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ACT III SCENE II. A room in Coriolanus's house.
[Enter CORIOLANUS with Patricians]
CORIOLANUSLet them puff all about mine ears, present me
Death on the wheel or at wild horses' heels,
Or pile ten hills on the Tarpeian rock,
That the precipitation might down stretch
Below the beam of sight, yet will I still5
Be thus to them.
A PatricianYou do the nobler.
CORIOLANUSI muse my mother
Does not approve me further, who was wont
To call them woollen vassals, things created10
To buy and sell with groats, to show bare heads
In congregations, to yawn, be still and wonder,
When one but of my ordinance stood up
To speak of peace or war.
I talk of you:15
Why did you wish me milder? would you have me
False to my nature? Rather say I play
The man I am.
VOLUMNIAO, sir, sir, sir,
I would have had you put your power well on,20
Before you had worn it out.
VOLUMNIAYou might have been enough the man you are,
With striving less to be so; lesser had been
The thwartings of your dispositions, if25
You had not show'd them how ye were disposed
Ere they lack'd power to cross you.
CORIOLANUSLet them hang.
A PatricianAy, and burn too.
[Enter MENENIUS and Senators]
MENENIUSCome, come, you have been too rough, something30
too rough;
You must return and mend it.
First SenatorThere's no remedy;
Unless, by not so doing, our good city
Cleave in the midst, and perish.35
VOLUMNIAPray, be counsell'd:
I have a heart as little apt as yours,
But yet a brain that leads my use of anger
To better vantage.
MENENIUSWell said, noble woman?40
Before he should thus stoop to the herd, but that
The violent fit o' the time craves it as physic
For the whole state, I would put mine armour on,
Which I can scarcely bear.
CORIOLANUSWhat must I do?45
MENENIUSReturn to the tribunes.
CORIOLANUSWell, what then? what then?
MENENIUSRepent what you have spoke.
CORIOLANUSFor them! I cannot do it to the gods;
Must I then do't to them?50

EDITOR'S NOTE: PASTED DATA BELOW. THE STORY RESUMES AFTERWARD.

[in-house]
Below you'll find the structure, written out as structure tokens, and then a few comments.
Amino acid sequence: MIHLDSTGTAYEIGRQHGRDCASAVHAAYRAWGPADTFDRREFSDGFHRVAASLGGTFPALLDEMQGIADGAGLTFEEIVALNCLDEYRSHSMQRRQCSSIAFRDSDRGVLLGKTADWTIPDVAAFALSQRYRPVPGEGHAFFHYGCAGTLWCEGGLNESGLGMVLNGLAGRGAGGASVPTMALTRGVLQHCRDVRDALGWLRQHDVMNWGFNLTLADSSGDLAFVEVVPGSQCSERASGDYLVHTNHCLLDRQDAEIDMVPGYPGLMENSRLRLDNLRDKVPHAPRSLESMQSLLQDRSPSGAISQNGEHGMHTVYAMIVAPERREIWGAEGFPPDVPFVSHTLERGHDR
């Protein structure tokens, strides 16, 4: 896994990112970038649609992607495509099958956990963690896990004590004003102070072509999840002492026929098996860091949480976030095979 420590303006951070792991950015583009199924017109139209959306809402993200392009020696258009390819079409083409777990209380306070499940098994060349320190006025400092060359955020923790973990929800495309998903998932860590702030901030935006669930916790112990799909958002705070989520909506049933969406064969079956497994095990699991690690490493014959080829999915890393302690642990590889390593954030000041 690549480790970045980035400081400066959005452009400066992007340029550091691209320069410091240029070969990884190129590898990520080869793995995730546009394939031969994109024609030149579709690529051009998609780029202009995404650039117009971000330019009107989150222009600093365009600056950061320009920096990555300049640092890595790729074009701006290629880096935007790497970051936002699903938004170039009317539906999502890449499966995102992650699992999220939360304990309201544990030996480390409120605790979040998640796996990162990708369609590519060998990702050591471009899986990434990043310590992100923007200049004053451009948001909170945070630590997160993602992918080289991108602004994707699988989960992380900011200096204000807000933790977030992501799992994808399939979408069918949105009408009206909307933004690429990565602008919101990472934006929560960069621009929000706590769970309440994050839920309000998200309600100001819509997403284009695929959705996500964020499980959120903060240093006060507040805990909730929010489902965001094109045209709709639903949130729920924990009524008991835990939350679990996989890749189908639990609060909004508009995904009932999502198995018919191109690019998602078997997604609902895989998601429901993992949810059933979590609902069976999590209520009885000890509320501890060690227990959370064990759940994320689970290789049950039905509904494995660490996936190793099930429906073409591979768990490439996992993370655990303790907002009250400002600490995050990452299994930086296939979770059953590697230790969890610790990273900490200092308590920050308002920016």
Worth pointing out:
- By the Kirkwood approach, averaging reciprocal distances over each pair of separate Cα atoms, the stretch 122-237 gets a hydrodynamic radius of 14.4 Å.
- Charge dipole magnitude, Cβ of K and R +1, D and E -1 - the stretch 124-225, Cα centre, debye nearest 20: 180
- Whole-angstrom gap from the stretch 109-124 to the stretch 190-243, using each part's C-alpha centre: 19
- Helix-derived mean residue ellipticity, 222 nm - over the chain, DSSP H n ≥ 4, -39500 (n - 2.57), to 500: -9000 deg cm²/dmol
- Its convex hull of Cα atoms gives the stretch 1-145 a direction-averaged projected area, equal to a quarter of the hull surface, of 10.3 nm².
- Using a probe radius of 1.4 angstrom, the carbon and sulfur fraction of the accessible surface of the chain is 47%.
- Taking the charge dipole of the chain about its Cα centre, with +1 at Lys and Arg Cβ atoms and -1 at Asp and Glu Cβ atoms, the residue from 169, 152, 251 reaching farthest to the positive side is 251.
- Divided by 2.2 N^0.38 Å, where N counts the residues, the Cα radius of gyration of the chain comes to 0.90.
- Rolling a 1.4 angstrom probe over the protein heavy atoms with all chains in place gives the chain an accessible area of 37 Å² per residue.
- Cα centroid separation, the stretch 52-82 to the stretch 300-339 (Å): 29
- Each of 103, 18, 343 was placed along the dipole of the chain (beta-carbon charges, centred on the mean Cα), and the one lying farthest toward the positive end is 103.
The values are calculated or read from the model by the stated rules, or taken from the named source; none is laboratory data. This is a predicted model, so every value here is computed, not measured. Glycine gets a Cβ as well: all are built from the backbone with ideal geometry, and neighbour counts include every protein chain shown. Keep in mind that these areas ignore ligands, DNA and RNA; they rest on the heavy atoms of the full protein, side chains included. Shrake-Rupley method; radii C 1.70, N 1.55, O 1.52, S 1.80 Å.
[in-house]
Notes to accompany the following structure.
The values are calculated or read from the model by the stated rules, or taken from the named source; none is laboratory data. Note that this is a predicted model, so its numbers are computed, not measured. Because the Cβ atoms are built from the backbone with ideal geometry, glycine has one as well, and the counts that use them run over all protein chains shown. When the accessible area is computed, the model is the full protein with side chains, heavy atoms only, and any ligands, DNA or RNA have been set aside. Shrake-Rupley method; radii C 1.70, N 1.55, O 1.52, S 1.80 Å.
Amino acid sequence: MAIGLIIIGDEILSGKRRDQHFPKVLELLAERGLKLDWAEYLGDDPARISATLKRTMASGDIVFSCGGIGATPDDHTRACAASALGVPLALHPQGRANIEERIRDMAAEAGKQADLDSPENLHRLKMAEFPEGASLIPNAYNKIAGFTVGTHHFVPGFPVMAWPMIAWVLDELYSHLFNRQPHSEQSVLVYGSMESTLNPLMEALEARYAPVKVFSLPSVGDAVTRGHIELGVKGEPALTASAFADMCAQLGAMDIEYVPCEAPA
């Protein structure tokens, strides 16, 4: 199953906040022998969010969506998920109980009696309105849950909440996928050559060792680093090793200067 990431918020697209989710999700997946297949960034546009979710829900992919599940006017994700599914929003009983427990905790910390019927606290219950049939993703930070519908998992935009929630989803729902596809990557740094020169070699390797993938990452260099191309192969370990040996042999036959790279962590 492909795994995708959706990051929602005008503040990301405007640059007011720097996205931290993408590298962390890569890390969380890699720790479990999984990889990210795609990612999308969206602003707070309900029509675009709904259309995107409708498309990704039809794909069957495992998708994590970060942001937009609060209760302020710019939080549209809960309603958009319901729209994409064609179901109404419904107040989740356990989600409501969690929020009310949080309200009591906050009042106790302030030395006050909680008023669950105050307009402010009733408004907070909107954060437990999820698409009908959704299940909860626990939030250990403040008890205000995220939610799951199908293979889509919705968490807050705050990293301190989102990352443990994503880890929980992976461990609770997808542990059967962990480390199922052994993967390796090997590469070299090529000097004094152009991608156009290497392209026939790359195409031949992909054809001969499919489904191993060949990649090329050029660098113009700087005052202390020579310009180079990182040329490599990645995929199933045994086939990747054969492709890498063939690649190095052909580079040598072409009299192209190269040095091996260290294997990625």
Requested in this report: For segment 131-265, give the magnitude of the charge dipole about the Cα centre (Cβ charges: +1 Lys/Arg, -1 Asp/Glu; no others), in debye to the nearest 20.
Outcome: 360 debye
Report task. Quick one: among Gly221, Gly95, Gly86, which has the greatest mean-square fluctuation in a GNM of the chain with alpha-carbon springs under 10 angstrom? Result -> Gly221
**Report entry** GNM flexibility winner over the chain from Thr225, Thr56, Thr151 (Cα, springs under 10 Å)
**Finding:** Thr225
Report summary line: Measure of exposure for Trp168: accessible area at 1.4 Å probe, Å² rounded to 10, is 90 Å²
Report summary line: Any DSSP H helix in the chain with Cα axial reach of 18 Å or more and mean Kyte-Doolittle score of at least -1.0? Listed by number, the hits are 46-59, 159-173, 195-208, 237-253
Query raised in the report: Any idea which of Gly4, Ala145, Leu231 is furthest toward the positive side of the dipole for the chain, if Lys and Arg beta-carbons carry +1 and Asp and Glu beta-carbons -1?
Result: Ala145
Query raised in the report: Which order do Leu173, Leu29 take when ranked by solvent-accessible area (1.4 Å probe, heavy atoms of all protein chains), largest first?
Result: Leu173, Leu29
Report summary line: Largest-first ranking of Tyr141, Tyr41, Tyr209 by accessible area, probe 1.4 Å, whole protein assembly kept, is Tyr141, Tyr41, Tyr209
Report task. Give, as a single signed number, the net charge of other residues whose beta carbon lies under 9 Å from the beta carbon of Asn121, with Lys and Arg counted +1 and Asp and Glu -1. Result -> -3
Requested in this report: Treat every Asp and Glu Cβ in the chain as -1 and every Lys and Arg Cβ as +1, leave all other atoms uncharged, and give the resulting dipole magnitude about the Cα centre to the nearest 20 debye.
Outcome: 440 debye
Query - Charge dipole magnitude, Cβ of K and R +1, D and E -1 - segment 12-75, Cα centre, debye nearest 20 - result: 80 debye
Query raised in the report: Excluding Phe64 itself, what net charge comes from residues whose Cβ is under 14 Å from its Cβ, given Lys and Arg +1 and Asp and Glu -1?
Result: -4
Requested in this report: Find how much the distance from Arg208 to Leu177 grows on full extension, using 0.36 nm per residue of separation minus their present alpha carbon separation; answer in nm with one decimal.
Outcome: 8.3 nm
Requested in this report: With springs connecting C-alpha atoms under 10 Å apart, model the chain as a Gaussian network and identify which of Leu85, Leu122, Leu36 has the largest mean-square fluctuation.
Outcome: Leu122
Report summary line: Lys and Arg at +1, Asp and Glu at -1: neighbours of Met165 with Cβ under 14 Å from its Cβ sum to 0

VOLUMNIAYou are too absolute;
Though therein you can never be too noble,
But when extremities speak. I have heard you say,
Honour and policy, like unsever'd friends,
I' the war do grow together: grant that, and tell me,55
In peace what each of them by the other lose,
That they combine not there.
MENENIUSA good demand.
VOLUMNIAIf it be honour in your wars to seem60
The same you are not, which, for your best ends,
You adopt your policy, how is it less or worse,
That it shall hold companionship in peace
With honour, as in war, since that to both
It stands in like request?65
CORIOLANUSWhy force you this?
VOLUMNIABecause that now it lies you on to speak
To the people; not by your own instruction,
Nor by the matter which your heart prompts you,
But with such words that are but rooted in70
Your tongue, though but bastards and syllables
Of no allowance to your bosom's truth.
Now, this no more dishonours you at all
Than to take in a town with gentle words,
Which else would put you to your fortune and75
The hazard of much blood.
I would dissemble with my nature where
My fortunes and my friends at stake required
I should do so in honour: I am in this,
Your wife, your son, these senators, the nobles;80
And you will rather show our general louts
How you can frown than spend a fawn upon 'em,
For the inheritance of their loves and safeguard
Of what that want might ruin.
MENENIUSNoble lady!85
Come, go with us; speak fair: you may salve so,
Not what is dangerous present, but the loss
Of what is past.
VOLUMNIAI prithee now, my son,